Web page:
A short summary

History of the Network

The Dutch HRM Network was founded in the 1990s. Around 1996/1997 a growing number of research schools about subject domains arose. HRM was not represented in those schools. This led to the initiative by Jaap Paauwe and Paul Jansen to develop a similar set-up for HR-Studies. For further thoughts and discussion they invited colleagues of other universities: Jan Kees Looise (University of Twente), Wout Buitelaar (UvA) and Fred Huijgen (Radboud University). These meetings took place at a central point in The Netherlands, namely at Vervoersbond CNV (transport union), located opposite to Woerden train station. They could meet there for free because Jaap Paauwe had good relations with the Vervoersbond.

After a number of meetings, the founding document was ready, with the ‘employment relationship’ as central topic of study (see attachment for founding document). In the meantime it had become clear that the idea of a research school was not that relevant anymore. Nevertheless, there was a need to provide the science domain of HRM (or HR-studies) with a stronger profile. Furthermore, a stronger dissemination of ideas across borders was required, where the predominantly shareholder and performance-oriented approach from the USA was experienced as too dominant.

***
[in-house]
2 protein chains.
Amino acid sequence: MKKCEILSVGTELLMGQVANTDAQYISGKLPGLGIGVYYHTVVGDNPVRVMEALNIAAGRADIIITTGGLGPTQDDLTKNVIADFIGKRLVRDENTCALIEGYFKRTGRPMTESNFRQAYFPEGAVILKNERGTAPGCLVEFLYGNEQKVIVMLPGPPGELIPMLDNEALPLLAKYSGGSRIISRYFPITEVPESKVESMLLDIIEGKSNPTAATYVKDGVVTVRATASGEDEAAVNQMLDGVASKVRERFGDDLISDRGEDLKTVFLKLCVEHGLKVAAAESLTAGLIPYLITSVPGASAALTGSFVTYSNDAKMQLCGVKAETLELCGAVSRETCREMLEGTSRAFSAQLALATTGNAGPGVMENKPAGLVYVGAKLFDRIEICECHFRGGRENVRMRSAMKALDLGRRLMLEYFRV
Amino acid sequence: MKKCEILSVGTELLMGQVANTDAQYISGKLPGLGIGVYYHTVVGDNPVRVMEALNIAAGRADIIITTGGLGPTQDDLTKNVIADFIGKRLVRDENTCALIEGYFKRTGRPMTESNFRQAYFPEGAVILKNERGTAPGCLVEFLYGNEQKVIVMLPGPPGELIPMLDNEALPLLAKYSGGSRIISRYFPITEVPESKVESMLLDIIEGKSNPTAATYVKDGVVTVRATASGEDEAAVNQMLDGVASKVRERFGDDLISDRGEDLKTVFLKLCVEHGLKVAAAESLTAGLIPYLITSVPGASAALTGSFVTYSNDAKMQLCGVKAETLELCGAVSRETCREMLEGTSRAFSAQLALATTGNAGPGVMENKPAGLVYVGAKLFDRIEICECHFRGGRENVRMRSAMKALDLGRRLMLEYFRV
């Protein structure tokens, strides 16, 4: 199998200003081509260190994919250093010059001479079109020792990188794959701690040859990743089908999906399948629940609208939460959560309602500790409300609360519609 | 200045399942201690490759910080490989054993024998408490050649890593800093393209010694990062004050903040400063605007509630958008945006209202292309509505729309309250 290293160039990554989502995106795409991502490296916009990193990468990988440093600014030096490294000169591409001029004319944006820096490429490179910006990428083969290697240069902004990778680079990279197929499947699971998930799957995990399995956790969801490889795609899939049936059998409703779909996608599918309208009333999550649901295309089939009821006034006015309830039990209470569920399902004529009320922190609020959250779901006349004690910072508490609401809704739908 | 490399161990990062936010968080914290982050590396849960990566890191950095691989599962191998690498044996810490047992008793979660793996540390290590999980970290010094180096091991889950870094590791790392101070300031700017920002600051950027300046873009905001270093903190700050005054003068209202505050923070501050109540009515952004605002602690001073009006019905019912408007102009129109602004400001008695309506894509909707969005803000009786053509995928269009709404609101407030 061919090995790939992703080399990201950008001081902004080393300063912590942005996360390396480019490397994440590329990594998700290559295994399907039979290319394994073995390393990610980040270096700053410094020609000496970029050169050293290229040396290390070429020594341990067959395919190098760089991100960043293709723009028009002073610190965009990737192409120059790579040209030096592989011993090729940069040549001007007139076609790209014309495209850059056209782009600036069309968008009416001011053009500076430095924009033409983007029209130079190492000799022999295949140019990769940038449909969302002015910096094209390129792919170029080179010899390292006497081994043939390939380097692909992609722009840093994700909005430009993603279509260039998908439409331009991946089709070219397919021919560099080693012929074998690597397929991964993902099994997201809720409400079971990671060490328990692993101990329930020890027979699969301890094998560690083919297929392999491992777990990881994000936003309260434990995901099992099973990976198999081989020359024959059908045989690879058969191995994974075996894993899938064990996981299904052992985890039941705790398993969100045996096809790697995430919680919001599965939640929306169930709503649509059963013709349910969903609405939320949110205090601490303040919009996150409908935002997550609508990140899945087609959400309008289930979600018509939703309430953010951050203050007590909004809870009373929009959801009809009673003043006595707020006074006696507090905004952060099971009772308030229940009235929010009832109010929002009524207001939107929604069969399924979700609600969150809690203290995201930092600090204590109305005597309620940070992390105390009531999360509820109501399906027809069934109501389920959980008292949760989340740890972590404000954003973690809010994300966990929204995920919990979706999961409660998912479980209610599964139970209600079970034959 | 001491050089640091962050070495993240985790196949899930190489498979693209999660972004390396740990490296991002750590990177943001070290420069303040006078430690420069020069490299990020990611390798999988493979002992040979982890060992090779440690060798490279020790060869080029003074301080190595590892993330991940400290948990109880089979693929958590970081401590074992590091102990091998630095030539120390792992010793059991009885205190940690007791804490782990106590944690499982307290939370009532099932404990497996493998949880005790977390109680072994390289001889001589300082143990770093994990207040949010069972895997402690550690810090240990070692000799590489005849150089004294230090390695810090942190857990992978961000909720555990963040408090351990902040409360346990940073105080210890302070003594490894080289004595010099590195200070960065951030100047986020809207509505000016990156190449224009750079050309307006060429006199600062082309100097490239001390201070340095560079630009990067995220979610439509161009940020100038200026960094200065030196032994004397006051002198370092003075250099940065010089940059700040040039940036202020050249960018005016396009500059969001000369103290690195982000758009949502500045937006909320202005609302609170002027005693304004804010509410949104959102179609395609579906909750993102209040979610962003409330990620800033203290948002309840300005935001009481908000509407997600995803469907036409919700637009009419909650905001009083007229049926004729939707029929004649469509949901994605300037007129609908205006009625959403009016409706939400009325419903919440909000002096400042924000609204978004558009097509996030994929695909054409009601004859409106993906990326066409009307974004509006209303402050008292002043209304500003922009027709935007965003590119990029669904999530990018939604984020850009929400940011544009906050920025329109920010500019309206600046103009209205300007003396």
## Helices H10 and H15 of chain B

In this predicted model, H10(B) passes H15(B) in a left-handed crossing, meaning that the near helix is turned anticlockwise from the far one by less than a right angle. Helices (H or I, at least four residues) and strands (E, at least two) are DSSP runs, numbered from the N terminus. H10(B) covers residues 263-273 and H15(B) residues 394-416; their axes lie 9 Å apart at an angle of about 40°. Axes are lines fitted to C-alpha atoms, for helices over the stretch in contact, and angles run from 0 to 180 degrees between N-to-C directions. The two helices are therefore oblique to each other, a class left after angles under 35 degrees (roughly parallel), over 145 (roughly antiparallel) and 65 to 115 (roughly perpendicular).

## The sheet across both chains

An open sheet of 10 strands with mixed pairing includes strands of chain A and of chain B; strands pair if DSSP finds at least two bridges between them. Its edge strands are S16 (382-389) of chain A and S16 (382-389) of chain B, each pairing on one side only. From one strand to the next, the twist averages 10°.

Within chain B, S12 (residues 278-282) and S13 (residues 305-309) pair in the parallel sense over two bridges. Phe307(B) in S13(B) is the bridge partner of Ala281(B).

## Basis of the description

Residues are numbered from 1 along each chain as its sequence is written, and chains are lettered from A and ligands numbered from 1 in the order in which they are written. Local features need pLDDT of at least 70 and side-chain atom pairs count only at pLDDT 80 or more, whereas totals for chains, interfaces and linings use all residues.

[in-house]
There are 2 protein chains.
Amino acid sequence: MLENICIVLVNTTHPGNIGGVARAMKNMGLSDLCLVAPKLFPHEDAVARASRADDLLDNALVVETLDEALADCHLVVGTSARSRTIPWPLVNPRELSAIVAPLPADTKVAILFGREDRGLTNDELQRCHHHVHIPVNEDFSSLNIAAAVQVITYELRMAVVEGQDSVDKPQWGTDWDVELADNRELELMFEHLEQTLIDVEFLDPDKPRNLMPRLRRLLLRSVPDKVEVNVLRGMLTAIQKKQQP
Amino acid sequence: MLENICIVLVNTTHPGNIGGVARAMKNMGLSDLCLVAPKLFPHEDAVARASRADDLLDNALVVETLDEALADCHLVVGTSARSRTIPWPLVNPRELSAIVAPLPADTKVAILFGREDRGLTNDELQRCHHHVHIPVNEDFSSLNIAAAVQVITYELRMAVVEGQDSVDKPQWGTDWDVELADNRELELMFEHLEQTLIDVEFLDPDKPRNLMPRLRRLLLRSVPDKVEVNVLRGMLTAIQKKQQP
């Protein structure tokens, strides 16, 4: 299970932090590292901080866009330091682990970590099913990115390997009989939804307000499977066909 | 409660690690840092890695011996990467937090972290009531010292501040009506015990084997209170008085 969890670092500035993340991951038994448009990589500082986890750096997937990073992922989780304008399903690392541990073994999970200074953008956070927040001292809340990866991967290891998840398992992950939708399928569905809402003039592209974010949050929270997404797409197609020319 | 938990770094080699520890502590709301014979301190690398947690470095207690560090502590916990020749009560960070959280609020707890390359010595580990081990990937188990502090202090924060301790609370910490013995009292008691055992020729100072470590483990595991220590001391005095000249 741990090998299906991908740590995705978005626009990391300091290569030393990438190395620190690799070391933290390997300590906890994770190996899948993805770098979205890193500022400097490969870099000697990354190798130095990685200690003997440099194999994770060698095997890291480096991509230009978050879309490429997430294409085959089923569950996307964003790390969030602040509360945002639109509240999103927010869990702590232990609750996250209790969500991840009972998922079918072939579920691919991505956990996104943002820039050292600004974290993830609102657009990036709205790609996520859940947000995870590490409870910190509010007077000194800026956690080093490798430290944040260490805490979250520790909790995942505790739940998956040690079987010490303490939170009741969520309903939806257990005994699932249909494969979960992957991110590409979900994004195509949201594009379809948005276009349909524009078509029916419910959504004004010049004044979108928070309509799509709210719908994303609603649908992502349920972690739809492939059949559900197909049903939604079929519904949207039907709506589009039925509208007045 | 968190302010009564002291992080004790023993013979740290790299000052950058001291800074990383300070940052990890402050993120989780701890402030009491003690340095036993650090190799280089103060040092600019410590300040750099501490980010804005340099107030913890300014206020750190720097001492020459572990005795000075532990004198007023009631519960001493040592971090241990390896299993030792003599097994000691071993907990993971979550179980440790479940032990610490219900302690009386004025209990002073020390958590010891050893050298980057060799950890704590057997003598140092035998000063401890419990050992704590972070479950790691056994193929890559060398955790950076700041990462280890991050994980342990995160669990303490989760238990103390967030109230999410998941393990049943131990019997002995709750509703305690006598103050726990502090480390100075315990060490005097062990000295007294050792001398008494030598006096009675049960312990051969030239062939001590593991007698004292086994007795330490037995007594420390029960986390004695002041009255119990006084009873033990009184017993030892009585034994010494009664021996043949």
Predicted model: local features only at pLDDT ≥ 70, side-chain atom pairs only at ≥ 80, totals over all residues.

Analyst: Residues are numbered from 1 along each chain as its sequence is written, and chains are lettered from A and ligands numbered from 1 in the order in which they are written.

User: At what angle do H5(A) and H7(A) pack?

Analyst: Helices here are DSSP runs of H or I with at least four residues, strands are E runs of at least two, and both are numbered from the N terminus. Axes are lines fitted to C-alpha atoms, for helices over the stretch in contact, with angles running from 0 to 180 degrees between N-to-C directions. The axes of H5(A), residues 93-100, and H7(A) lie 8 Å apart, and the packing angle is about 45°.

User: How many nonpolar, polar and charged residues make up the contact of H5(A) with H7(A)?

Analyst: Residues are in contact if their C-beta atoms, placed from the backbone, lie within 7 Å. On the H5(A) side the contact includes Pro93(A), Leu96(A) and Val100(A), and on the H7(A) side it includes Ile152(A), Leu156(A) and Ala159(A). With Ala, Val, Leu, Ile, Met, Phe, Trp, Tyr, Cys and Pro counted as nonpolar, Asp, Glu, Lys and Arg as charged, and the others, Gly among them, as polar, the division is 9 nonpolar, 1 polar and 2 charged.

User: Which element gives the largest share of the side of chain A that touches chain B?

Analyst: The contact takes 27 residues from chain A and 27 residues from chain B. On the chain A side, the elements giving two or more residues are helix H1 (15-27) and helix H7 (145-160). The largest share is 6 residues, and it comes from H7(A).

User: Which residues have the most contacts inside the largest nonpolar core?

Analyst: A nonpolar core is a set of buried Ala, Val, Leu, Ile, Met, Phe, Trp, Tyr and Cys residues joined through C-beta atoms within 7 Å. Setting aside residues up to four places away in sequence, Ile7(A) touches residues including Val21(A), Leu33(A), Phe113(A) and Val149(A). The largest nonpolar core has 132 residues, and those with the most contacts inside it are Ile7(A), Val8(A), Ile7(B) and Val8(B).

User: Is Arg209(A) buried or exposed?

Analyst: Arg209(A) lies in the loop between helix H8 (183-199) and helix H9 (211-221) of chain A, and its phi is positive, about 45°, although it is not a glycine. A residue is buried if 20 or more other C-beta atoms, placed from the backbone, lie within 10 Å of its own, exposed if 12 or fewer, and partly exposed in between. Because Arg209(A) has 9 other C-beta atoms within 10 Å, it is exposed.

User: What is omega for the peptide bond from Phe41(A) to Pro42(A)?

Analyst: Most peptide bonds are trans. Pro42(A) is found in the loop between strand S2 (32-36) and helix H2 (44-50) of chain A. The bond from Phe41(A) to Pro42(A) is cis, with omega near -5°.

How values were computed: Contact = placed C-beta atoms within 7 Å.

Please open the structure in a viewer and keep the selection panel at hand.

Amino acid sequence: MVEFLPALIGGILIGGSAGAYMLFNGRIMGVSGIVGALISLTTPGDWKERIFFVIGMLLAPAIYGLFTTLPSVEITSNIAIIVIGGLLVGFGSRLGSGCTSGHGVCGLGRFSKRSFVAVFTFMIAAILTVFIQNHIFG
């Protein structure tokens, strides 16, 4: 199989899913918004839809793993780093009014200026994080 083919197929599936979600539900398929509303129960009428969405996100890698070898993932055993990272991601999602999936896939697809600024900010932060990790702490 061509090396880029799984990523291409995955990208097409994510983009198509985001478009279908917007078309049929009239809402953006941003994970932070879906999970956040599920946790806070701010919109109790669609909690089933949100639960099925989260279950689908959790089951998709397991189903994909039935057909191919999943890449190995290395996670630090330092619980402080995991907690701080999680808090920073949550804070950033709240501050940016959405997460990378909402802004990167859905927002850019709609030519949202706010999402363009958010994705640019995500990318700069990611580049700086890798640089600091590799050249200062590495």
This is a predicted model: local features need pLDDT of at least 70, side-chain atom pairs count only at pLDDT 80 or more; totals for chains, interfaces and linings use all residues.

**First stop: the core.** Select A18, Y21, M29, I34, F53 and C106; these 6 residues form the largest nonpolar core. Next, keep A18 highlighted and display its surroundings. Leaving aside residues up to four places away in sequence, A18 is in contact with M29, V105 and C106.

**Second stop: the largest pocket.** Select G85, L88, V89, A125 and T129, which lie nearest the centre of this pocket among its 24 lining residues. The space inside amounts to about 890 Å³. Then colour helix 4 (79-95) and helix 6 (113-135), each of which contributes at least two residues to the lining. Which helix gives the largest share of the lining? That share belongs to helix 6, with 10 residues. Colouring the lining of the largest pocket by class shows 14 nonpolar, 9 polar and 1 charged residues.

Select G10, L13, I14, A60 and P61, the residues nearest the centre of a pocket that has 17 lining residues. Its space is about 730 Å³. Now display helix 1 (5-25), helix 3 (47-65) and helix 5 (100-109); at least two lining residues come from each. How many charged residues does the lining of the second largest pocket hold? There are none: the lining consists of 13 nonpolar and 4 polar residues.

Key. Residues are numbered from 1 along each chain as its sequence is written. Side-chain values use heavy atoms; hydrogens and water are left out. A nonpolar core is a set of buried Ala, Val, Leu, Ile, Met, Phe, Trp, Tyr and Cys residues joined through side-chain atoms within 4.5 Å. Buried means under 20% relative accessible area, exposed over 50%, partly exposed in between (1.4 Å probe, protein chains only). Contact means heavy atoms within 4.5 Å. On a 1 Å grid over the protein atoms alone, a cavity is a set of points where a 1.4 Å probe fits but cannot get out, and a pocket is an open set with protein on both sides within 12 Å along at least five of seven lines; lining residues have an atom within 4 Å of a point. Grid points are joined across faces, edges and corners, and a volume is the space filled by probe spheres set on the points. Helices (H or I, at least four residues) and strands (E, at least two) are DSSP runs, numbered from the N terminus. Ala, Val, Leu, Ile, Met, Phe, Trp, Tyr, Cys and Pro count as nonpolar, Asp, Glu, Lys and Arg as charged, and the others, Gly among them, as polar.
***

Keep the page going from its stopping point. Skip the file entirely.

These discussions soon led to the idea of organizing an international biennial scientific conference for and by scientists. The first of these conferences took place in 1999 at the Erasmus University in Rotterdam and was organized by Jaap Paauwe and Paul Boselie. In the meantime more than 20 years have passed and the Dutch HRM Network has organized 11 International Conferences.

As of 2012/2013 the Network was expanded by the membership of our Belgium/Flemisch partners in Leuven and Ghent. Because of the existing brand awareness, they did not insist on changing the name of the network.

Overview of Biennial International Conferences of the Dutch HRM Network

The first of International Conference of the Dutch HRM Network took place in 1999 at the Erasmus University in Rotterdam with the theme “Human Resource Management: Confronting Theory and Reality”. Afterwards, another 10  conferences took place, and in 2021 the 12th biennial conference will be held at the University of Twente. See an overview of the conferences below:

HRM For Resilient Societies
University of Twente, The Netherlands
Key-notes: Fang Lee Cooke and Anne Keegan

Both the economic crisis in mid-2008 and the COVID-19 pandemic in 2020 made clear the need for continued resilience in organizations and societies. The two crises have likewise challenged HRM scholars in terms of flexibility and resilience, and emphasized the importance of our research (and the knowledge we create) on the well-being of the wider society in which we live and work. After the success of the HRM Conference in Tilburg (2019), we continue the scholarly tradition with an exploration of the contribution of Human Resource Management to Societal Challenges. The 12th International Conference of the Dutch HRM Network will take place at the University of Twente (the Netherlands), an institution with an embedded multidisciplinary research tradition, multifaceted research programmes in People First High-Tech systems, and a mission to empower a resilient society through sustainable solutions.